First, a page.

The Office of Health Economics (OHE) has established an expert Commission to look at if and where competition has a place in the National Health Service.

In short, the OHE's Commission on Competition in the NHS has been tasked with taking a look at for which healthcare services and in which circumstances competition is likely to be of benefit or detrimental.

The move is particularly pertinent given that the government's health bill lays out significant changes to increase the availability of choice to patients and boost competition throughout the NHS, with all services to be contracted on an ‘any willing provider’ basis.

During this year, the Commission will collate evidence and advise UK policy makers on how competition and contest, when considered potentially beneficial, can be implemented, promoted and regulated.

The group, which will be chaired by James Malcomson, Professor of Economics at the University of Oxford and Fellow of All Souls College, plans to publish a report on its findings by the end of the year.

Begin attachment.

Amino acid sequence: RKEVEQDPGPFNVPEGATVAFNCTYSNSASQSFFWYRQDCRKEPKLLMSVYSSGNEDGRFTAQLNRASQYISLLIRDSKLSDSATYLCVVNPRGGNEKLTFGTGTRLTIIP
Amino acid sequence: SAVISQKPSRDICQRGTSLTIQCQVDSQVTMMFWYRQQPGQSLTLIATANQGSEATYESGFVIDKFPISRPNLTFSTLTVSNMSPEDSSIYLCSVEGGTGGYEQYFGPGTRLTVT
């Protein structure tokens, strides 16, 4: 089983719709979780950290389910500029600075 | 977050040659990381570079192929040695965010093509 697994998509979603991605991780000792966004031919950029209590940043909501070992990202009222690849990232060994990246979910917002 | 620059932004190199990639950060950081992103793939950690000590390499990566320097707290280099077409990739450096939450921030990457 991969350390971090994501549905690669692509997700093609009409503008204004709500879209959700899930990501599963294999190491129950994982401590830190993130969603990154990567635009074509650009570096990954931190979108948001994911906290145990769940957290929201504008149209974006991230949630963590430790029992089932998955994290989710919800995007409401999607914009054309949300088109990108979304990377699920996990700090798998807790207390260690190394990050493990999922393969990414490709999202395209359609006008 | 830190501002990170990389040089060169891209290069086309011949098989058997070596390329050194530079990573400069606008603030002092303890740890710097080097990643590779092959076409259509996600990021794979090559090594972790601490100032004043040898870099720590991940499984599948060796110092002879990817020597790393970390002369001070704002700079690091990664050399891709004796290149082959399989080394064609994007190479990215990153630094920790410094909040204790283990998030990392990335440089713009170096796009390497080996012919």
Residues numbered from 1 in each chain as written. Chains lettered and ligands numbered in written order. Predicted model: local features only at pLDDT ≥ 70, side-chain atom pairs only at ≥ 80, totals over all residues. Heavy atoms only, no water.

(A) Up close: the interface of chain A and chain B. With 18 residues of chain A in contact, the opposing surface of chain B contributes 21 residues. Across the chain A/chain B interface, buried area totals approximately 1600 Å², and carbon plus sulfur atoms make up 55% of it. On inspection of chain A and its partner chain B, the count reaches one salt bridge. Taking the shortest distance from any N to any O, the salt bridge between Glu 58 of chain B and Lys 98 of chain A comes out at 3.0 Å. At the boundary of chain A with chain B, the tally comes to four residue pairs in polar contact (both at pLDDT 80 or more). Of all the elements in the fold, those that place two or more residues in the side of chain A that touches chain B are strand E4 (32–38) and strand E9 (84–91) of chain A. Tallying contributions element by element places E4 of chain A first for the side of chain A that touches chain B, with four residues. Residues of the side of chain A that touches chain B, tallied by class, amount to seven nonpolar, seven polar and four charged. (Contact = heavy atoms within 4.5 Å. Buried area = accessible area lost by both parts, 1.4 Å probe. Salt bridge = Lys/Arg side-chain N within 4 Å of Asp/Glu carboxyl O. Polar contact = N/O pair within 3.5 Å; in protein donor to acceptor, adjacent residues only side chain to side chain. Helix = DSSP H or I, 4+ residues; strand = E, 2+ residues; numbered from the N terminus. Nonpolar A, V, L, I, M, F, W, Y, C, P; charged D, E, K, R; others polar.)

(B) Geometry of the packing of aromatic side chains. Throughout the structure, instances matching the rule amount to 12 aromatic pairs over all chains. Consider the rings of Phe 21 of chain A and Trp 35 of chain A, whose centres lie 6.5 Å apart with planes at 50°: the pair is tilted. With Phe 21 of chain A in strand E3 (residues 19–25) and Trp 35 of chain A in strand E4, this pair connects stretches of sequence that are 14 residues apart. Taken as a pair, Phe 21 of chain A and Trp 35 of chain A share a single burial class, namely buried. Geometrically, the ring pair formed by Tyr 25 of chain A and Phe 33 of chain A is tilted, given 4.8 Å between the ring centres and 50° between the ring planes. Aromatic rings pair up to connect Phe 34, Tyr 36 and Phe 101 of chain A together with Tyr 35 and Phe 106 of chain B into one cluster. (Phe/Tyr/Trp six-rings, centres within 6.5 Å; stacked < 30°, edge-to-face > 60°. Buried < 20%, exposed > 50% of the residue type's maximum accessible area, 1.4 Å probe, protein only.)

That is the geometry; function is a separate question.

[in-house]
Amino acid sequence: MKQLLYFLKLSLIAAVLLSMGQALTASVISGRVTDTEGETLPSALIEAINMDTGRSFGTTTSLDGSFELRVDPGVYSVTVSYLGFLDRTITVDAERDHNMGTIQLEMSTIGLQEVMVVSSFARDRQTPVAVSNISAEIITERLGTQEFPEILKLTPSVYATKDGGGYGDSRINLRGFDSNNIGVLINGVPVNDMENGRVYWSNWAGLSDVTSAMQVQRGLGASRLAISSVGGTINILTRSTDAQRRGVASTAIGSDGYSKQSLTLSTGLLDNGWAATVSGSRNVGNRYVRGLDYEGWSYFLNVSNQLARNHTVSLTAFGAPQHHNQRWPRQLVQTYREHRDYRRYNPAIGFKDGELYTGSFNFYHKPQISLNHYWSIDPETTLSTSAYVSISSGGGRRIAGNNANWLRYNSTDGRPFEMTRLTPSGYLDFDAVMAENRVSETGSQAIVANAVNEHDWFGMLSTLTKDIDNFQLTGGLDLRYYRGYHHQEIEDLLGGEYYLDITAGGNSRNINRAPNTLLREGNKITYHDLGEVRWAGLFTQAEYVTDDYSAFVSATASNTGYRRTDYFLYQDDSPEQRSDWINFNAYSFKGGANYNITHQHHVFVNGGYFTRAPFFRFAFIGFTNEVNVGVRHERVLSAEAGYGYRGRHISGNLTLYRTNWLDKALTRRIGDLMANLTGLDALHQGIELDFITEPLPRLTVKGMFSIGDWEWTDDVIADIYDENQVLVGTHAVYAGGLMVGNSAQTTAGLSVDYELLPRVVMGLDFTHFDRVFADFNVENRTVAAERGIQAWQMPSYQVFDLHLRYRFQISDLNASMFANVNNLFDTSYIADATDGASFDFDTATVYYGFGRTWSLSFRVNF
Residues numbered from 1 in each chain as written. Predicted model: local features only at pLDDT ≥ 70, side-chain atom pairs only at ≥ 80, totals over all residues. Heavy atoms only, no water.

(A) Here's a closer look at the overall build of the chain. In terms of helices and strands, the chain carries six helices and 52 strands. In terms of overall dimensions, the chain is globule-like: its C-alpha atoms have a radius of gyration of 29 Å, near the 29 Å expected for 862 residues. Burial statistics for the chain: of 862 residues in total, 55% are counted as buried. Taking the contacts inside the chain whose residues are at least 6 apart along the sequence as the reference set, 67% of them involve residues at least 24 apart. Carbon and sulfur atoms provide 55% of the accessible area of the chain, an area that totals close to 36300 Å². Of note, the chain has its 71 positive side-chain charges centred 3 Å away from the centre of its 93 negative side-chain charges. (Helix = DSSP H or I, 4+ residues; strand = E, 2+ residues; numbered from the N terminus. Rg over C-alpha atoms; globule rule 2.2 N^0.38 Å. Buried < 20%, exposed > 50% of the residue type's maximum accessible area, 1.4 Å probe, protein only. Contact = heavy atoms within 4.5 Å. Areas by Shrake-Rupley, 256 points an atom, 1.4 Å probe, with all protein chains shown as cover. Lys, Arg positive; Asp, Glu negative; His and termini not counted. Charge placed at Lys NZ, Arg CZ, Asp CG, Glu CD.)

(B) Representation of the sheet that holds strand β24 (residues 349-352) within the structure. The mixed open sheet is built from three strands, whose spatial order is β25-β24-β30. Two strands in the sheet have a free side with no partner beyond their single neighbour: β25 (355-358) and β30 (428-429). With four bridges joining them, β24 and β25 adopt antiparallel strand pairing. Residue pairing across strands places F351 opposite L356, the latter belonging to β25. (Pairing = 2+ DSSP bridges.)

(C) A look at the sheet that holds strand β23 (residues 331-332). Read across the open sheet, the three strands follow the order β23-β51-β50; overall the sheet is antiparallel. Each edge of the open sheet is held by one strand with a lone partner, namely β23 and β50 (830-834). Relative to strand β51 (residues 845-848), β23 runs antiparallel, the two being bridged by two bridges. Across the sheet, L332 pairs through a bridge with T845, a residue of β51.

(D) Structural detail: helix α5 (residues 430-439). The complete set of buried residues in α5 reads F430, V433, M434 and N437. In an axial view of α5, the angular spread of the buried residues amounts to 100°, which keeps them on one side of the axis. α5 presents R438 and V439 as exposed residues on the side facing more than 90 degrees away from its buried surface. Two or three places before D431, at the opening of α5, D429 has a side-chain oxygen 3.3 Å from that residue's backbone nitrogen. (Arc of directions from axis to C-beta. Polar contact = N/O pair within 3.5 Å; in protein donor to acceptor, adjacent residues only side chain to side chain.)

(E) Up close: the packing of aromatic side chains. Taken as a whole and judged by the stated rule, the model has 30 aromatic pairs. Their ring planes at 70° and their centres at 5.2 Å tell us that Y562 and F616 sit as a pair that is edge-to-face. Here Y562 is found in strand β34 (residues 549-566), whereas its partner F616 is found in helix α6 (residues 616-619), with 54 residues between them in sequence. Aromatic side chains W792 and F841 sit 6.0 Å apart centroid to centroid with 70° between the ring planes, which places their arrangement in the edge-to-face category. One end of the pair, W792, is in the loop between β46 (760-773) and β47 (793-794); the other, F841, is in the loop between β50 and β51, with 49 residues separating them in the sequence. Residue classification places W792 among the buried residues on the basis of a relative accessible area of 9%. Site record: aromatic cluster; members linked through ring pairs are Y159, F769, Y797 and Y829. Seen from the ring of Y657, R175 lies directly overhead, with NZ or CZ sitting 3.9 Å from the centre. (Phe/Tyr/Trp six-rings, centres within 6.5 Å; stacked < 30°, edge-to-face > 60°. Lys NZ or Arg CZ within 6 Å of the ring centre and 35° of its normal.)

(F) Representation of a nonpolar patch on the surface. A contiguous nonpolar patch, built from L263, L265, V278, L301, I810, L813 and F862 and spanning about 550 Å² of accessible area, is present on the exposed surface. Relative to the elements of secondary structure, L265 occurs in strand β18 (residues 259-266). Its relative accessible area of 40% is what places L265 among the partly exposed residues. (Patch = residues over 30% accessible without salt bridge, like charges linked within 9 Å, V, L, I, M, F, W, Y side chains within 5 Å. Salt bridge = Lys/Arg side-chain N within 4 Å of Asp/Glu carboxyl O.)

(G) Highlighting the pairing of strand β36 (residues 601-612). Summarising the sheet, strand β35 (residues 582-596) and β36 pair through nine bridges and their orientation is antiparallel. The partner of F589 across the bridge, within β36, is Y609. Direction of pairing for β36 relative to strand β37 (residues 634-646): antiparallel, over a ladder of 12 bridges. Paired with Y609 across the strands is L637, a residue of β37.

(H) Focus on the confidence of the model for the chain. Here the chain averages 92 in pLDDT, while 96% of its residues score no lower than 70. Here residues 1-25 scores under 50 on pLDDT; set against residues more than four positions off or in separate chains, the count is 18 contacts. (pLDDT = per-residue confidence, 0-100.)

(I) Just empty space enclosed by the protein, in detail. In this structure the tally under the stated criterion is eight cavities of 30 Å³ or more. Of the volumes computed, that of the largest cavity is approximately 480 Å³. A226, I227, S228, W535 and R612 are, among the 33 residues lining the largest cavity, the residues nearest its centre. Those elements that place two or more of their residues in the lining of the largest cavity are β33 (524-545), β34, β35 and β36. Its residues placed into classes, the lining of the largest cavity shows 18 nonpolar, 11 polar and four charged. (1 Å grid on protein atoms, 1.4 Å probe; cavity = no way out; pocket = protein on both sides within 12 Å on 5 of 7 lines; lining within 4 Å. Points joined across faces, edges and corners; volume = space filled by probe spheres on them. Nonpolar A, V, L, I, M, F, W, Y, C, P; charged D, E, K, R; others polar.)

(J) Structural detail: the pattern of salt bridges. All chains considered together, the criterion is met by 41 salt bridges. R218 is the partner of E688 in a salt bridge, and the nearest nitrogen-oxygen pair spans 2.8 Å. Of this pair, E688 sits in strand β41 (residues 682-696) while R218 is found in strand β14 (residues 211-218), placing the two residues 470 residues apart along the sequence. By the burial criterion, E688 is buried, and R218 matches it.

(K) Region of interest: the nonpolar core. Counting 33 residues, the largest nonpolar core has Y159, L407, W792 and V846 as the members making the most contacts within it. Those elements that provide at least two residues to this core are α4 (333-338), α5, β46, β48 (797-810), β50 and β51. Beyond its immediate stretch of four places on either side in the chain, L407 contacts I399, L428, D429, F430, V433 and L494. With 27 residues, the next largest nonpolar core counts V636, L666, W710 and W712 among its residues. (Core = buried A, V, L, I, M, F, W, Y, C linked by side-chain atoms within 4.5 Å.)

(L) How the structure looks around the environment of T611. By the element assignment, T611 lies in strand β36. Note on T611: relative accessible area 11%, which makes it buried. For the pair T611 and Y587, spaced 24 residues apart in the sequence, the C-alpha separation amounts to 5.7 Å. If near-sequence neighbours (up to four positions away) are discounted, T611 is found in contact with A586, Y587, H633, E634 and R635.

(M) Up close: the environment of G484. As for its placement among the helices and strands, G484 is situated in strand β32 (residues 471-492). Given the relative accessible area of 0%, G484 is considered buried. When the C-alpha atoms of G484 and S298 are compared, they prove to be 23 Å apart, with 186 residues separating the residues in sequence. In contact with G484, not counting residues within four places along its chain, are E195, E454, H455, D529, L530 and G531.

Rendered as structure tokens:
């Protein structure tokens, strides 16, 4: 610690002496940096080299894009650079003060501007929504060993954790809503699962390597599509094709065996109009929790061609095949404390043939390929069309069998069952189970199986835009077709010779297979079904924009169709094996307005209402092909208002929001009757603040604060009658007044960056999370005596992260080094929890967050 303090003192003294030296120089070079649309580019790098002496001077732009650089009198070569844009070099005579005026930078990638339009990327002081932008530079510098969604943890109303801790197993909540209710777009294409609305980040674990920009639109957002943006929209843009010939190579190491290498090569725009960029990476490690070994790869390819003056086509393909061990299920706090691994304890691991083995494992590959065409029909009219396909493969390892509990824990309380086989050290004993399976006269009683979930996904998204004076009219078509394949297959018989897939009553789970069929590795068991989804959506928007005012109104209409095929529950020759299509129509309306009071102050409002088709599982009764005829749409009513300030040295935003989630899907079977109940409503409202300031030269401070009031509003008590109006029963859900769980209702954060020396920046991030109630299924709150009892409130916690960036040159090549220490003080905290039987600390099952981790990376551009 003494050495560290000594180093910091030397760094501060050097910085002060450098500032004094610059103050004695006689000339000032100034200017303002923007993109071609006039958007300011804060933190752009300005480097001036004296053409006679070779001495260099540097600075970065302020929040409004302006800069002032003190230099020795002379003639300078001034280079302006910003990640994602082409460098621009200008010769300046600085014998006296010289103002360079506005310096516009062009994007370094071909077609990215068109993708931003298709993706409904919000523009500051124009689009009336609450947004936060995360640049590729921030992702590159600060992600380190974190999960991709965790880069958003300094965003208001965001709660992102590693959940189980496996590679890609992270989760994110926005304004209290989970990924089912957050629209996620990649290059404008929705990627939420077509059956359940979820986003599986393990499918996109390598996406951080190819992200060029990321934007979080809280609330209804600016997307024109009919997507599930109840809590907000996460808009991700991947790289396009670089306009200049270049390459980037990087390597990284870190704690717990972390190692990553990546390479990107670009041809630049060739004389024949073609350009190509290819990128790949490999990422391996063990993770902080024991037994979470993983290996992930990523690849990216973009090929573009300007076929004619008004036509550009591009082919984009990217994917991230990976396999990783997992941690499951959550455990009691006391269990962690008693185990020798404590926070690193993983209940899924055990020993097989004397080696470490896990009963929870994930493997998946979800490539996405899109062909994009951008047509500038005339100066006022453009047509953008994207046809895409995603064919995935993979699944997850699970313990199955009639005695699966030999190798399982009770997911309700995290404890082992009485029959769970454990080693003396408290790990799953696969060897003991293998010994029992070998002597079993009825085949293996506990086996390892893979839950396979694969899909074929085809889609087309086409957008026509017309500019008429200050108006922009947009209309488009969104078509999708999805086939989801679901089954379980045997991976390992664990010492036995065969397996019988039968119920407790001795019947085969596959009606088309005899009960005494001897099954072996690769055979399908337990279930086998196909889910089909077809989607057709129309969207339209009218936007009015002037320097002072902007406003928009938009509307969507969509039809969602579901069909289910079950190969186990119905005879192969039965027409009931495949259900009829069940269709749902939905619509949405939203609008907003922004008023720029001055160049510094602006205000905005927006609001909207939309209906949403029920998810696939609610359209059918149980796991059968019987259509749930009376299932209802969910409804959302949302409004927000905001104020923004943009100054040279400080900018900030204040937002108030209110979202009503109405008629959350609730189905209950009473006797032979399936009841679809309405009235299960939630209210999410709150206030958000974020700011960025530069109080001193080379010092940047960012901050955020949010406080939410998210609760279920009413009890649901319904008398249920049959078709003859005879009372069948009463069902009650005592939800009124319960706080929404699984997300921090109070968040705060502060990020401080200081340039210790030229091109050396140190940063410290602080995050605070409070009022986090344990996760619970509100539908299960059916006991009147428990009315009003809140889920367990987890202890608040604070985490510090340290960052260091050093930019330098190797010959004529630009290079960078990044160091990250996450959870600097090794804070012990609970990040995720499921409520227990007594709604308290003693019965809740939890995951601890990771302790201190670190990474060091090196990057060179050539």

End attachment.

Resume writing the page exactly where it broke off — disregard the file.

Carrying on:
There has been much debate about the effect of market-based reforms since their introduction to the health service by Labour in 2002. The British Medical Association, for one, has long argued against commercialisation of the NHS, which, it claims, is wasting public money and negatively impacting on local health services.

According to the BMA, turning to the private sector for funding for new hospitals has “resulted in crippling debts for NHS Trusts”, and the introduction of competition between healthcare providers, as well as “costly deals” for independent sector treatment centres, has hit many existing services.

But supporters of the principle insist that increasing the degree of competition will help to maximise service efficiency and boost patient care.